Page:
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I had time yesterday morning to take a walk in the woods surrounding my house. My woods, as it were, since it’s all property we own. I trudged out in a direction I hadn’t been before, walking down a steep rocky slope, which was further rendered hazardous by the slippery carpet of fallen leaves. It was a beautiful autumn morning, partly cloudy, slight breeze, mild temperature, very calm and quiet out.

You walk for a while and then you sit on a rock and gaze out across a valley at the trees that are still glowing in their autumn colors, and then you turn your eyes to the ground right around you, where a dozen kinds of leaves make a tangled pattern of color and shape, and you wonder whether you should concentrate your gaze above or below. Where are the answers? Where are the better questions?

So it’s autumn (or fall, to most Americans). I mean, we’re in the midst of all the things that define autumn–trees in brilliant color, leaves falling everywhere, breezy cooling days of misty sunlight and cloudiness–though the temperature was predicted to drop last night and bring the first snow. Anyone who has read this blog more than a few times knows that I have a problem with the calendar, which was developed to number days in a defined year, but doesn’t do a good job of tracking much else. Each season starts weeks after all the things that define that season have been in place.

That’s why meteorologists have meteorological seasons, which start at the beginning of the months in which those seasons predominate, and people living their lives in the real world start calling it summer when it gets summery, winter when it gets wintery. When you do, there’s always some smarty-pants standing by to remind you that technically, it’s not autumn yet, not winter yet . . . not until such and such a date.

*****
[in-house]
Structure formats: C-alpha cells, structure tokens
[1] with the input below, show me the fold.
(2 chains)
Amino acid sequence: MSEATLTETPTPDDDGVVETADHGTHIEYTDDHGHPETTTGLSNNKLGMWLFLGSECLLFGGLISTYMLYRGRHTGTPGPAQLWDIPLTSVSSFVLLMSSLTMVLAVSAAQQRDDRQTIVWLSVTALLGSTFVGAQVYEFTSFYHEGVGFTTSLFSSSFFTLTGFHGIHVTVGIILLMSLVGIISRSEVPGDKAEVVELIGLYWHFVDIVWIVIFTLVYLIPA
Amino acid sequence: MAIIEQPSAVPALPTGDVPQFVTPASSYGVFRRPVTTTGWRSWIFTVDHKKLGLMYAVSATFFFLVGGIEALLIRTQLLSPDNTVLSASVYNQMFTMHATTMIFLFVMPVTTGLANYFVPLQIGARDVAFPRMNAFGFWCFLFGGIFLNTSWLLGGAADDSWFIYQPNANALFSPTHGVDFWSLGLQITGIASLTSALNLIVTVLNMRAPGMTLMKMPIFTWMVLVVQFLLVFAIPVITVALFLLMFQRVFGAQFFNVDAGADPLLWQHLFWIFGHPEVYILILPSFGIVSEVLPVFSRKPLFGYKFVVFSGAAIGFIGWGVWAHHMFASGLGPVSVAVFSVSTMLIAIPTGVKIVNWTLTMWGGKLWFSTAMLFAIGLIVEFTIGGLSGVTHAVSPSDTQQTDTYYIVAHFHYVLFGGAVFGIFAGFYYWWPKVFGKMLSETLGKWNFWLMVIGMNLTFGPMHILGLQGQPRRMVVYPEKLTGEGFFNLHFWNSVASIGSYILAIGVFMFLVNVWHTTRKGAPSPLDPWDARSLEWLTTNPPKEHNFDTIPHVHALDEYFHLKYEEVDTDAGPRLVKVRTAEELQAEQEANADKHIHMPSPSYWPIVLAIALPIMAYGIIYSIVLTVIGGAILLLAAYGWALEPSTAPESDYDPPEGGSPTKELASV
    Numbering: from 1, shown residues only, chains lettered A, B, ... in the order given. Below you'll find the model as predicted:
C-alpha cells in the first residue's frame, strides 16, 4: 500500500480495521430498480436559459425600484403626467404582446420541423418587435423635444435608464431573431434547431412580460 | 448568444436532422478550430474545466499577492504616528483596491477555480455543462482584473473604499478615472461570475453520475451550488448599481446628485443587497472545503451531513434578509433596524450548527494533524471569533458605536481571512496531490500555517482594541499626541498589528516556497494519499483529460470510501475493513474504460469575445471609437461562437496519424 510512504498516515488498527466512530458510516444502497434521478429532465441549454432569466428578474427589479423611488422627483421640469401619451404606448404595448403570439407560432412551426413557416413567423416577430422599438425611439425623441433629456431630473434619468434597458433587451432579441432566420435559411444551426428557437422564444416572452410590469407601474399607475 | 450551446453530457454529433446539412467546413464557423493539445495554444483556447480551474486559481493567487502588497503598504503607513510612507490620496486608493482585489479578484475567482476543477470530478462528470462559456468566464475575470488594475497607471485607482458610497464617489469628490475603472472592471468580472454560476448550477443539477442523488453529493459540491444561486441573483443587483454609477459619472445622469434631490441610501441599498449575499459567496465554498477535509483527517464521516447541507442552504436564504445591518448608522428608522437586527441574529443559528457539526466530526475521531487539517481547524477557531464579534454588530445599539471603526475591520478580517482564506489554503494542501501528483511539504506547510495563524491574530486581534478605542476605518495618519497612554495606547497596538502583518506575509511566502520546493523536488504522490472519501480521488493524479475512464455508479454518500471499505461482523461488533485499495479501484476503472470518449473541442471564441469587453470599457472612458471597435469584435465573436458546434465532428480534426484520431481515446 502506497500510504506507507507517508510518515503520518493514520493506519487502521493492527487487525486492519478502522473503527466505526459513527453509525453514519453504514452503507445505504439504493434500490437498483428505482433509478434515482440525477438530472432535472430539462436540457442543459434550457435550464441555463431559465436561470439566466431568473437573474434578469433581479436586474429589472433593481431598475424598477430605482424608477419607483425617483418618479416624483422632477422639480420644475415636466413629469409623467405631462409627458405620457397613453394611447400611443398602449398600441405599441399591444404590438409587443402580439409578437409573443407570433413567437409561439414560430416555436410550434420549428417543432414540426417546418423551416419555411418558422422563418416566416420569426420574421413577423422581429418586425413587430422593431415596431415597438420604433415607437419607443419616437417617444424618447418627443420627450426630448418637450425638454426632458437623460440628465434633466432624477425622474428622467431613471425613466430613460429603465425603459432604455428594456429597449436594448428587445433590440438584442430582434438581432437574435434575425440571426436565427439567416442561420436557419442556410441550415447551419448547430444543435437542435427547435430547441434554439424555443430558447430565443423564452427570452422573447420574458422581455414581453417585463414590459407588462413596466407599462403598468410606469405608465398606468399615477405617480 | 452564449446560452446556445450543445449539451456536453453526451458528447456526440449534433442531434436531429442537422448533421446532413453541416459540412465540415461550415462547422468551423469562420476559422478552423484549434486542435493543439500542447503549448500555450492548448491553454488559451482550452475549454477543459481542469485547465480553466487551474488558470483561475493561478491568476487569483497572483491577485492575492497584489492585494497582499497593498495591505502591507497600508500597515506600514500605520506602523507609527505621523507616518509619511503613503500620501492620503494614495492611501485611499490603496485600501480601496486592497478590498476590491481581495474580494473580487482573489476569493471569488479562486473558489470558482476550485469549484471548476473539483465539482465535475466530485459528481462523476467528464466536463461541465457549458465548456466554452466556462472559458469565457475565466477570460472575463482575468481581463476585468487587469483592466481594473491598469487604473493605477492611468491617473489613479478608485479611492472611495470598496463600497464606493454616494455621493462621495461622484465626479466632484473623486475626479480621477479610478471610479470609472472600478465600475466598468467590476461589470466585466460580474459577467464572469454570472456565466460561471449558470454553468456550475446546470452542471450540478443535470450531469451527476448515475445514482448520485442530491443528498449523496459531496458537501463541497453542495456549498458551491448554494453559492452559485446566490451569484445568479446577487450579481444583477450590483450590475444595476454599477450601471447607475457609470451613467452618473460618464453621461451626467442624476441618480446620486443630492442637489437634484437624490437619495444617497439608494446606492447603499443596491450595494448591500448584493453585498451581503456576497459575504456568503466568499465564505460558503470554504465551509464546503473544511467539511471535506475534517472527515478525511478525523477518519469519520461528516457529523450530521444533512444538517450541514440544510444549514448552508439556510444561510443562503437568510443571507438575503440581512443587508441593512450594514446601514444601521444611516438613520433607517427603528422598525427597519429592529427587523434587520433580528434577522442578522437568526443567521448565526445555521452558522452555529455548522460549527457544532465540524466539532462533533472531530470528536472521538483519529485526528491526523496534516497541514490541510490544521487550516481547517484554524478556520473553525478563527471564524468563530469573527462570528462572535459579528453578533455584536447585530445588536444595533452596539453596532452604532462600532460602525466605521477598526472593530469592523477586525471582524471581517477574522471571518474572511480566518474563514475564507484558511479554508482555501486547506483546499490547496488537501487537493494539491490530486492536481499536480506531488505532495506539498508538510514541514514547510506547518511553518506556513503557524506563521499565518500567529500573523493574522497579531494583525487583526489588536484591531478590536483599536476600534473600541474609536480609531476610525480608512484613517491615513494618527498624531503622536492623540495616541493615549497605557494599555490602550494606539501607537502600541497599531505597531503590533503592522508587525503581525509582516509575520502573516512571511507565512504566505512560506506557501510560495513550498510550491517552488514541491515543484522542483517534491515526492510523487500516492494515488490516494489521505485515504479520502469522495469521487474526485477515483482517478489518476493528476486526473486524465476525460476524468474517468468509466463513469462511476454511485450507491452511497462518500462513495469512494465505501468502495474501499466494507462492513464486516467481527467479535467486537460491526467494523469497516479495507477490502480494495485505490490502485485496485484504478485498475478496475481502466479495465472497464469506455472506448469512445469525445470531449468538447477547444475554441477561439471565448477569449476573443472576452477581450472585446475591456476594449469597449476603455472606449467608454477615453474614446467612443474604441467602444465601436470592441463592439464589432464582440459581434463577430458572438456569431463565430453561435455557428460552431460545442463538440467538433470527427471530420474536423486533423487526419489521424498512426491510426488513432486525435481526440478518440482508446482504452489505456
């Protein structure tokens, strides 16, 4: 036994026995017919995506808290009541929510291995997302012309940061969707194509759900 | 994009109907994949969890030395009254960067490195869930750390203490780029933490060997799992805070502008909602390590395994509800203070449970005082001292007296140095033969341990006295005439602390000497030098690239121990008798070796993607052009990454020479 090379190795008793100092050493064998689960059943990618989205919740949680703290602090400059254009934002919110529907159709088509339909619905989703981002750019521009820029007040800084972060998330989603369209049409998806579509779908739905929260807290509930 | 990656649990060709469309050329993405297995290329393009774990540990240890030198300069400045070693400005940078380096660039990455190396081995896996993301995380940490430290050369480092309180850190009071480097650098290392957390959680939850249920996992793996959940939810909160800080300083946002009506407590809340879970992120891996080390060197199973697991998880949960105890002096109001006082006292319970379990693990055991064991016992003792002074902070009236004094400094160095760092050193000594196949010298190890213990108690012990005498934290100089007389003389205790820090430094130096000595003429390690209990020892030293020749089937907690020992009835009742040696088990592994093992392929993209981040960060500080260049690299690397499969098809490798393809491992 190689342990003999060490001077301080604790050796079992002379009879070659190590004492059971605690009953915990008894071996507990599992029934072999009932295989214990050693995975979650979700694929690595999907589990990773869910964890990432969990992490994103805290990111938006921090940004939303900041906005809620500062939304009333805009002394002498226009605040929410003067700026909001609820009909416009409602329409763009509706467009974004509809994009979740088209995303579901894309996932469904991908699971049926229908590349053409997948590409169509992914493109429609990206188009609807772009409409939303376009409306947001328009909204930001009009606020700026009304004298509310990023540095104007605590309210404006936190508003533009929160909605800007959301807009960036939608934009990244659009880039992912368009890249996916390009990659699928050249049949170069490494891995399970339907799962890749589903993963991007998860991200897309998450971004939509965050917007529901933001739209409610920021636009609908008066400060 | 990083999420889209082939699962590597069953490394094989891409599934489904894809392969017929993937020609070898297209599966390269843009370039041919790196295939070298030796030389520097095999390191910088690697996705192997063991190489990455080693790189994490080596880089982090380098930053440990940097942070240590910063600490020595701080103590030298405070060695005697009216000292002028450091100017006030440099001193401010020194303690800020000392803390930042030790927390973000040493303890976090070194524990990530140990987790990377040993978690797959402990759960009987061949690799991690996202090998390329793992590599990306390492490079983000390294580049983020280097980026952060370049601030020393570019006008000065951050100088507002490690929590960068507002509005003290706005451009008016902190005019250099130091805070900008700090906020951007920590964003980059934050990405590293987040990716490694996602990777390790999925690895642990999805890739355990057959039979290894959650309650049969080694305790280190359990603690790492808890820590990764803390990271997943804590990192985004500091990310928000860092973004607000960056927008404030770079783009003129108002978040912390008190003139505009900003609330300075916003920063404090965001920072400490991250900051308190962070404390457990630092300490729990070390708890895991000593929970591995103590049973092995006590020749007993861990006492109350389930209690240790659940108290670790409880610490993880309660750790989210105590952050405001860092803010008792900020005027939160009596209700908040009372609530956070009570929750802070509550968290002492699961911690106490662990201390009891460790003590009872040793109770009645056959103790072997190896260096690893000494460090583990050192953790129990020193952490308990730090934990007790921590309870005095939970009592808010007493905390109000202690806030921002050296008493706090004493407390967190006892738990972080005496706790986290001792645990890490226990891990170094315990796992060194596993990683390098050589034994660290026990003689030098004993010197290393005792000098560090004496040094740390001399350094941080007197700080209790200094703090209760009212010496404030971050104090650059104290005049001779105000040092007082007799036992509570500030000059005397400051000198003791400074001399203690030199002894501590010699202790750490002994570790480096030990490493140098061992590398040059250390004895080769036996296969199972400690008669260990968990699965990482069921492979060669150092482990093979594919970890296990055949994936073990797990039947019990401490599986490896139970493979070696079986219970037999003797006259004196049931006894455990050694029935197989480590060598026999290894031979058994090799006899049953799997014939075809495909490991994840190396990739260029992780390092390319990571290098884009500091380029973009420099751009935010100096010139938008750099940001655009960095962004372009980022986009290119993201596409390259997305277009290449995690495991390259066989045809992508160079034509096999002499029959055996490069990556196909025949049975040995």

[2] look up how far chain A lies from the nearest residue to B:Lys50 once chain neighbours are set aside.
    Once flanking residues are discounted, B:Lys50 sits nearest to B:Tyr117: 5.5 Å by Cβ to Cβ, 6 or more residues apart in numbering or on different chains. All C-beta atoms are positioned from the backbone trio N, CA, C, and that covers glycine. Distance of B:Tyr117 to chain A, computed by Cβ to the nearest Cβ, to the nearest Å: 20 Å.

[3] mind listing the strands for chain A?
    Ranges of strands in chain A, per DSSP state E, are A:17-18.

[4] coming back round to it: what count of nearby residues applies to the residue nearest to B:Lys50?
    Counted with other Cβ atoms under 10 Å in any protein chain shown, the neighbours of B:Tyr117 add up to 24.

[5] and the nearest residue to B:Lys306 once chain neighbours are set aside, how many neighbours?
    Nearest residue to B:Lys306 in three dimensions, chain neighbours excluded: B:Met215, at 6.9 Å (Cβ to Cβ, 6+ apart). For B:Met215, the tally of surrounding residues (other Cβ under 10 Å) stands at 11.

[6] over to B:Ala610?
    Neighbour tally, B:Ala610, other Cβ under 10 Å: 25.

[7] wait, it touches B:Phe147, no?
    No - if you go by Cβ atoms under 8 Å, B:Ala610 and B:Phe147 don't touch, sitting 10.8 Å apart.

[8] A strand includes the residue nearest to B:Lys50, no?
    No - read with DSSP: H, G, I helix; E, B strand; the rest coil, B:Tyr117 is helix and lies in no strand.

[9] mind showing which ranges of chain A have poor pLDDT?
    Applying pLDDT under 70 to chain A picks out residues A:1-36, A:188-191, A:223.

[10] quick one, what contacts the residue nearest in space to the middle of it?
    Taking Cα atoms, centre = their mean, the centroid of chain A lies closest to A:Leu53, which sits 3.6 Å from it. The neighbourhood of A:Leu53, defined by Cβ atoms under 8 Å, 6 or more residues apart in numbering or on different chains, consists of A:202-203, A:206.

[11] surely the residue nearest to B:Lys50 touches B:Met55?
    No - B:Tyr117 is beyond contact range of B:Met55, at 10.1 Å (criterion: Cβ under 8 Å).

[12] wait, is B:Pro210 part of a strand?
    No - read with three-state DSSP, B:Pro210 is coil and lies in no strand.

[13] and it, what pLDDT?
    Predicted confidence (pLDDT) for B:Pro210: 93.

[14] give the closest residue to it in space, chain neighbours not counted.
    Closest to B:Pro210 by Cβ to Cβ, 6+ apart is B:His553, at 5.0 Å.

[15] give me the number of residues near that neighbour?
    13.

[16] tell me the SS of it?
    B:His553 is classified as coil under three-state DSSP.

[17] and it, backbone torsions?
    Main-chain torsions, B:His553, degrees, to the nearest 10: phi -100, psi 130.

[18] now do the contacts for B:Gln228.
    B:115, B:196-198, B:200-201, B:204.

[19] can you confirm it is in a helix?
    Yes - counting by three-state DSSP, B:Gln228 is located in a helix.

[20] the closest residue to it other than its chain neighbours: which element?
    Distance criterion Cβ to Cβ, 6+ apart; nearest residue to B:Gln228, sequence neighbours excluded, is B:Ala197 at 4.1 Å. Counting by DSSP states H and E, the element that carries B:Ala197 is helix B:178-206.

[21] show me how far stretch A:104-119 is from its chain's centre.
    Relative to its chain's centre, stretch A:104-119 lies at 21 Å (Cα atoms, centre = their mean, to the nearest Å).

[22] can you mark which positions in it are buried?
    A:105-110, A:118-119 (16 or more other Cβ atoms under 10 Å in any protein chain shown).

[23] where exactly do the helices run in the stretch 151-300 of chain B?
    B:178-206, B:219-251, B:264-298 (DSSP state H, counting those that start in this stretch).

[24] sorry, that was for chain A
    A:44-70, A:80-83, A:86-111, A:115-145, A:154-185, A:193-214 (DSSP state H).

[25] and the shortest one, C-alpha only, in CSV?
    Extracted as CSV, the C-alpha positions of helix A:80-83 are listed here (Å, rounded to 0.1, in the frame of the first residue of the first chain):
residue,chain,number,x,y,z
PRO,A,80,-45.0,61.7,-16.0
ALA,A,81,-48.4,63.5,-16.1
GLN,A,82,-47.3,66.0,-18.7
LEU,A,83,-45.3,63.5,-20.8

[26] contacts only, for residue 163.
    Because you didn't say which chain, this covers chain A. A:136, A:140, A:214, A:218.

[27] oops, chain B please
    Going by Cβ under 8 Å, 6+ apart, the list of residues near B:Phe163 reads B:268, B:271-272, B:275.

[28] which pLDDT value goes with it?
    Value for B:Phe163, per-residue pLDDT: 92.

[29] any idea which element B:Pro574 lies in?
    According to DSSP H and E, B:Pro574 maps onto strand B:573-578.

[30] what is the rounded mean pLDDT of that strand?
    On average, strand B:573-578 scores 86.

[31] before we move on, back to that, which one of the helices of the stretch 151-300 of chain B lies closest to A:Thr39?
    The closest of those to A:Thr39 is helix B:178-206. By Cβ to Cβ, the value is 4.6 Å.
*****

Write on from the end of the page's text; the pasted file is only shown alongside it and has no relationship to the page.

We have this system that insists that spring begins at the vernal equinox, or summer begins at the summer solstice. These traditions go way back to ancient times, when people celebrated solar phenomena as the agency of deities who controlled them, and thereby also controlled the seasons. But the only thing that happens at the summer solstice is the summer solstice: seasonal change is incremental, and always variable.

I stepped out this morning to find that the predawn sky was as clear as a new morning sky could be, and every constellation announced itself. It was cold, down in the twenties. So is it winter now? Of course not. By later this week we’ll have temperate autumn days again, and we’ll still be watching the leaves fall and going to see our kids play football at outdoor venues.

You look up to the canopy of trees overhead, and down to the underbrush at your feet, and you realize that the answers are all around. This is not your woods, even though you’re writing a monthly check to a mortgage company somewhere: this is nature, and it will go on doing what it does independent of your occasional treks out here to check up on it. Likewise the seasons will go on changing in response to a thousand factors, very few of which we can tally and none of which we can control.

What season is it? Wake up, look outside. You tell me. Just don’t expect your calendar to clue you in, even though the page for November carries the appropriate photograph. The days will not be pinned down, and the seasons will not be tacked to the wall. You can’t define them, you can only live them.

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